On Fri, 26 Dec 2003 19:23:38 +1300, Lawrence DčOliveiro wrote:

> Here's another gripe: if UNIX/Linux folks would only use unsigned
> instead of signed 32-bit integers, they could keep going until about
> 2138 with the current API.


Yes, but switching from signed to unsigned only puts the problem off for
100 years.

Going to 64 bit pretty much puts it past the heat death of the Sun.

As for why 32 bit originally? In 1970 ram was $1E9/Mb.

(Which is also why old *nix commands are so few letters)


 
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Lawrence DčOliveiro
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      12-27-2003
In article <(E-Mail Removed)>,
"Uncle StoatWarbler" <(E-Mail Removed)> wrote:

>In 1970 ram was $1E9/Mb.
>
>(Which is also why old *nix commands are so few letters)


And yet even new *nix commands still use so few letters...
 
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T.N.O.
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      12-27-2003
Lawrence DčOliveiro wrote:
>>In 1970 ram was $1E9/Mb.
>>(Which is also why old *nix commands are so few letters)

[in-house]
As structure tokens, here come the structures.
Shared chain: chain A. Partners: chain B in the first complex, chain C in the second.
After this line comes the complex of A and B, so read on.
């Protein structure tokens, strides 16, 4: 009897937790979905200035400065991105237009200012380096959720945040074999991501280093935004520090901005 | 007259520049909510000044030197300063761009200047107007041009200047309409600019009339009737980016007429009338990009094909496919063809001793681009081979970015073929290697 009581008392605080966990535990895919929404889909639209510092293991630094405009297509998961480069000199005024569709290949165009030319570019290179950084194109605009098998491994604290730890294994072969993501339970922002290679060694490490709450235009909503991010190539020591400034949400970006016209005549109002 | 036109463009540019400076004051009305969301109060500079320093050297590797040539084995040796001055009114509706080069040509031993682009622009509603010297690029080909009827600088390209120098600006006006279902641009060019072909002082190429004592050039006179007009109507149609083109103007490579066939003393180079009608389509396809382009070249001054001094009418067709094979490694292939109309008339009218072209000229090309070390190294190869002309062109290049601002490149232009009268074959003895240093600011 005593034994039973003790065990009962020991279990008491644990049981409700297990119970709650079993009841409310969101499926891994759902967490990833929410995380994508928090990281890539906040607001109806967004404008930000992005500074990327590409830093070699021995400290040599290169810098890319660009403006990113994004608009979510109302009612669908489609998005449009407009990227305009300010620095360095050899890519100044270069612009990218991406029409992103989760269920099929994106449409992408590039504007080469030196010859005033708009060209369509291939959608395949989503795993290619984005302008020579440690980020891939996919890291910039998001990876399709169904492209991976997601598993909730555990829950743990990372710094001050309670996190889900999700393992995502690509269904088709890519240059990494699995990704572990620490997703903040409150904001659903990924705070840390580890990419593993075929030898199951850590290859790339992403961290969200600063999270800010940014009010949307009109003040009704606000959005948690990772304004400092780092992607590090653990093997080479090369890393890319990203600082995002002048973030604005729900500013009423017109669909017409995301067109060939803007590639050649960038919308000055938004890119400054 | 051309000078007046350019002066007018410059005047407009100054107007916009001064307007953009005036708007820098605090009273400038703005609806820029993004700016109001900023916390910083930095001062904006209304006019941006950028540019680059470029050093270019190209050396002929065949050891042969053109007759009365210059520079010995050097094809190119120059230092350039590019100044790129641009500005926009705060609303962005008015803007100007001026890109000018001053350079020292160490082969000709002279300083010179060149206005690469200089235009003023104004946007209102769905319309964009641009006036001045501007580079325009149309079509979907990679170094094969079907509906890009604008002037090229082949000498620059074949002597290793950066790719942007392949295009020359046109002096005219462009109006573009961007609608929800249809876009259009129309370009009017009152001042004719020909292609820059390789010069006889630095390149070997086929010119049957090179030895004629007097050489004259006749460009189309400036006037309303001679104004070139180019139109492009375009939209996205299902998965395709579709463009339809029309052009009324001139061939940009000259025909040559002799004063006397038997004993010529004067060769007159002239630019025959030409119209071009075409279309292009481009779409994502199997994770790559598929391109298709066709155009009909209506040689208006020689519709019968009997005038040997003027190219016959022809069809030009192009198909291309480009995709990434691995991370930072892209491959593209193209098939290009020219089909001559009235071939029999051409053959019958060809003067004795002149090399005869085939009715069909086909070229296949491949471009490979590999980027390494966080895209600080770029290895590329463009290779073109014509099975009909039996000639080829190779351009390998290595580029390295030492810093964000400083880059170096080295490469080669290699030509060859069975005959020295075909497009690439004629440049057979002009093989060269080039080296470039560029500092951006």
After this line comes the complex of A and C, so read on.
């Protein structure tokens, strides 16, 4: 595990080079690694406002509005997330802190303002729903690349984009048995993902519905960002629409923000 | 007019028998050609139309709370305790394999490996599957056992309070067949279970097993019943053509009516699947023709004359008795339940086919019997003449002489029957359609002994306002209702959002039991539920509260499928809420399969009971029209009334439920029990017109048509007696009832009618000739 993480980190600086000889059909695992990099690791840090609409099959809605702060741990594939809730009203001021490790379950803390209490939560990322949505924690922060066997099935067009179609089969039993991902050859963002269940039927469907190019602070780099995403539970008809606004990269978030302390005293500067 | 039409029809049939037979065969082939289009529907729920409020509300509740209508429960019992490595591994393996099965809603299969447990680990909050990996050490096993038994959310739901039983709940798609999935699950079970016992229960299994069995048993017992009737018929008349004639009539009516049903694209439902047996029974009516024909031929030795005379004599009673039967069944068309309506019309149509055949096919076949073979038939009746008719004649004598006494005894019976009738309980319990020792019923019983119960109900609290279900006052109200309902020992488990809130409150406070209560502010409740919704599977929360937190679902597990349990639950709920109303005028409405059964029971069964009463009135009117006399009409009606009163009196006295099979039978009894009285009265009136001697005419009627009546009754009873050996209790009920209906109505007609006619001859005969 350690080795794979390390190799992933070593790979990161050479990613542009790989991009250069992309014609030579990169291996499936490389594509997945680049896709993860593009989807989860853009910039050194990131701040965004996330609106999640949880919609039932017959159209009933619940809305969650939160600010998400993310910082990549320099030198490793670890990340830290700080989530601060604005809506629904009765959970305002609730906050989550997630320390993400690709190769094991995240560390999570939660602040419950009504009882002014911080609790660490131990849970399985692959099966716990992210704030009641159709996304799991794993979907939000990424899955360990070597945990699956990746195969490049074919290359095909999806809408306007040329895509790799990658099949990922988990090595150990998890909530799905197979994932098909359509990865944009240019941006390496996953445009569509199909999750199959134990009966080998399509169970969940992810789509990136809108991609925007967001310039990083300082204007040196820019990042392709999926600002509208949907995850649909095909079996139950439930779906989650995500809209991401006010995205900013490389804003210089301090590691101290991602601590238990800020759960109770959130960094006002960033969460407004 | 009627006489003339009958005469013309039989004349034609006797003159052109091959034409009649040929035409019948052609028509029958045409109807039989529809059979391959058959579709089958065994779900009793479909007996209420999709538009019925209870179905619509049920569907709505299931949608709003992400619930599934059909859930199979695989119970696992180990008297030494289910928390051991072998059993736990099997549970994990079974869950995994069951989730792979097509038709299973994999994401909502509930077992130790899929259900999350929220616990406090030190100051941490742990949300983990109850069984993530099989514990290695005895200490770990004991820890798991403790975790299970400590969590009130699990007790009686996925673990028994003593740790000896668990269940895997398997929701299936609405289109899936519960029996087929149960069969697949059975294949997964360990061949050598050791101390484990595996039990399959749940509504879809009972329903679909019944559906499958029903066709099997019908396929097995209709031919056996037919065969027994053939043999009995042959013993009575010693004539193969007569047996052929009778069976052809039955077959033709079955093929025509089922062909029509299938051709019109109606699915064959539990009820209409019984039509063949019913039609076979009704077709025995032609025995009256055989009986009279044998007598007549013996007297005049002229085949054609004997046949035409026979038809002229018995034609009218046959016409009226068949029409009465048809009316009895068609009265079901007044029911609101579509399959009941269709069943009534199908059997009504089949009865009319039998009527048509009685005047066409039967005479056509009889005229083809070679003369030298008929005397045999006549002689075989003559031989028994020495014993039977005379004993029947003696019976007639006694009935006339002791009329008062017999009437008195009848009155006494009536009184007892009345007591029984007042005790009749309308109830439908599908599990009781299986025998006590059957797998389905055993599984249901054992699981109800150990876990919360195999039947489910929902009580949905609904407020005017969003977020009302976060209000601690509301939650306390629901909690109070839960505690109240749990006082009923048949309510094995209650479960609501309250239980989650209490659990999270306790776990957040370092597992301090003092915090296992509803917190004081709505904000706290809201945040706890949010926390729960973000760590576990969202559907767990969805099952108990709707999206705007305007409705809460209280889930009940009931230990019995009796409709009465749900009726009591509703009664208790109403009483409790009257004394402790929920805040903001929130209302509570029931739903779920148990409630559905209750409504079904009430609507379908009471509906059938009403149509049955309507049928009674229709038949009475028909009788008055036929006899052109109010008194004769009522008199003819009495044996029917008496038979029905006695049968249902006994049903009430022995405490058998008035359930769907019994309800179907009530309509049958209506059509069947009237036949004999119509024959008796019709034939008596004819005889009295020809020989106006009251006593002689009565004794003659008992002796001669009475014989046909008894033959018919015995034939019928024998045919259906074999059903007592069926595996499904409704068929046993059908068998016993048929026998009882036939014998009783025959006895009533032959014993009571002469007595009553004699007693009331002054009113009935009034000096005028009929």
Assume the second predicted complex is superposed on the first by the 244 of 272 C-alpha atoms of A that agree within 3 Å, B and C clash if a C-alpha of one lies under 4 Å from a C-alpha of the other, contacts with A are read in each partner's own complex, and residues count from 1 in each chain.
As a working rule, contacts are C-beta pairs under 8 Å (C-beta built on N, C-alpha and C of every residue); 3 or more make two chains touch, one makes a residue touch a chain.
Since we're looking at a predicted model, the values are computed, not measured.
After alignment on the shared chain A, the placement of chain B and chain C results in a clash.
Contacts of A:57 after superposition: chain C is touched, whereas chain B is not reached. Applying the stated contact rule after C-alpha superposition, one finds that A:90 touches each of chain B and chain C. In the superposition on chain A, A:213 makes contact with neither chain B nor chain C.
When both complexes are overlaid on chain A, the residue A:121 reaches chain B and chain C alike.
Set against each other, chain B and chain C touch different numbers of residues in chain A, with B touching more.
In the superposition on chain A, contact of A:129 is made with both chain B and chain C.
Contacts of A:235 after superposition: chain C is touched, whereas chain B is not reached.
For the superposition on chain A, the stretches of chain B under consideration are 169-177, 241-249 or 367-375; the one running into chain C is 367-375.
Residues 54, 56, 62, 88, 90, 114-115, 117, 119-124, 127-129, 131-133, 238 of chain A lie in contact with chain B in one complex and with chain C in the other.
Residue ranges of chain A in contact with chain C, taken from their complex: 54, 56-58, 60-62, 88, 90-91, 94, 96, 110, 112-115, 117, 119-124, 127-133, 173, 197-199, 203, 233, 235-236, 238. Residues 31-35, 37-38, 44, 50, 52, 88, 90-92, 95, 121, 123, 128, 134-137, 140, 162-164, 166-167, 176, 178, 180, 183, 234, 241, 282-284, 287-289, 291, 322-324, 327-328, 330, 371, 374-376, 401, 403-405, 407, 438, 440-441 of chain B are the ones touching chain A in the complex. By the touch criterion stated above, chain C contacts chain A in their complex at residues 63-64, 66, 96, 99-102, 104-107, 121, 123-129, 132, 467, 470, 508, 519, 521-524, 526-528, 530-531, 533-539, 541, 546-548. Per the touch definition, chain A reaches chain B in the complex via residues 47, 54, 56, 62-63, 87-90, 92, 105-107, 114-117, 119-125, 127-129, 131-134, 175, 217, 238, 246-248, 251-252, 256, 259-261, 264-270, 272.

> And yet even new *nix commands still use so few letters...


Thats because we are now lazy as opposed to efficient.
 
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Lennier
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      12-27-2003
On Sat, 27 Dec 2003 20:53:03 +1300, T.N.O. wrote:

>> And yet even new *nix commands still use so few letters...

>
> Thats because we are now lazy as opposed to efficient.


Have you noticed how application switches are starting to get longer and
longer?

Lennier

 
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T.N.O.
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      12-27-2003
Lennier wrote:
>>>And yet even new *nix commands still use so few letters...


>>Thats because we are now lazy as opposed to efficient.


> Have you noticed how application switches are starting to get longer and
> longer?


only because we like to have more choice now...
 
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Uncle StoatWarbler
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      12-27-2003
On Sat, 27 Dec 2003 17:49:05 +1300, Lawrence DčOliveiro wrote:

>>In 1970 ram was $1E9/Mb.
>>
>>(Which is also why old *nix commands are so few letters)

>
> And yet even new *nix commands still use so few letters...


Yes, traditions die hard,


 
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Lawrence DčOliveiro
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      12-28-2003
In article <pan.2003.12.27.09.28.47.80941@TRACKER>,
Lennier <(E-Mail Removed)> wrote:

>On Sat, 27 Dec 2003 20:53:03 +1300, T.N.O. wrote:
>
>>> And yet even new *nix commands still use so few letters...

>>
>> Thats because we are now lazy as opposed to efficient.

>
>Have you noticed how application switches are starting to get longer and
>longer?


You mean those double-dash ones? And all those apps offering both
single-dash and double-dash switches?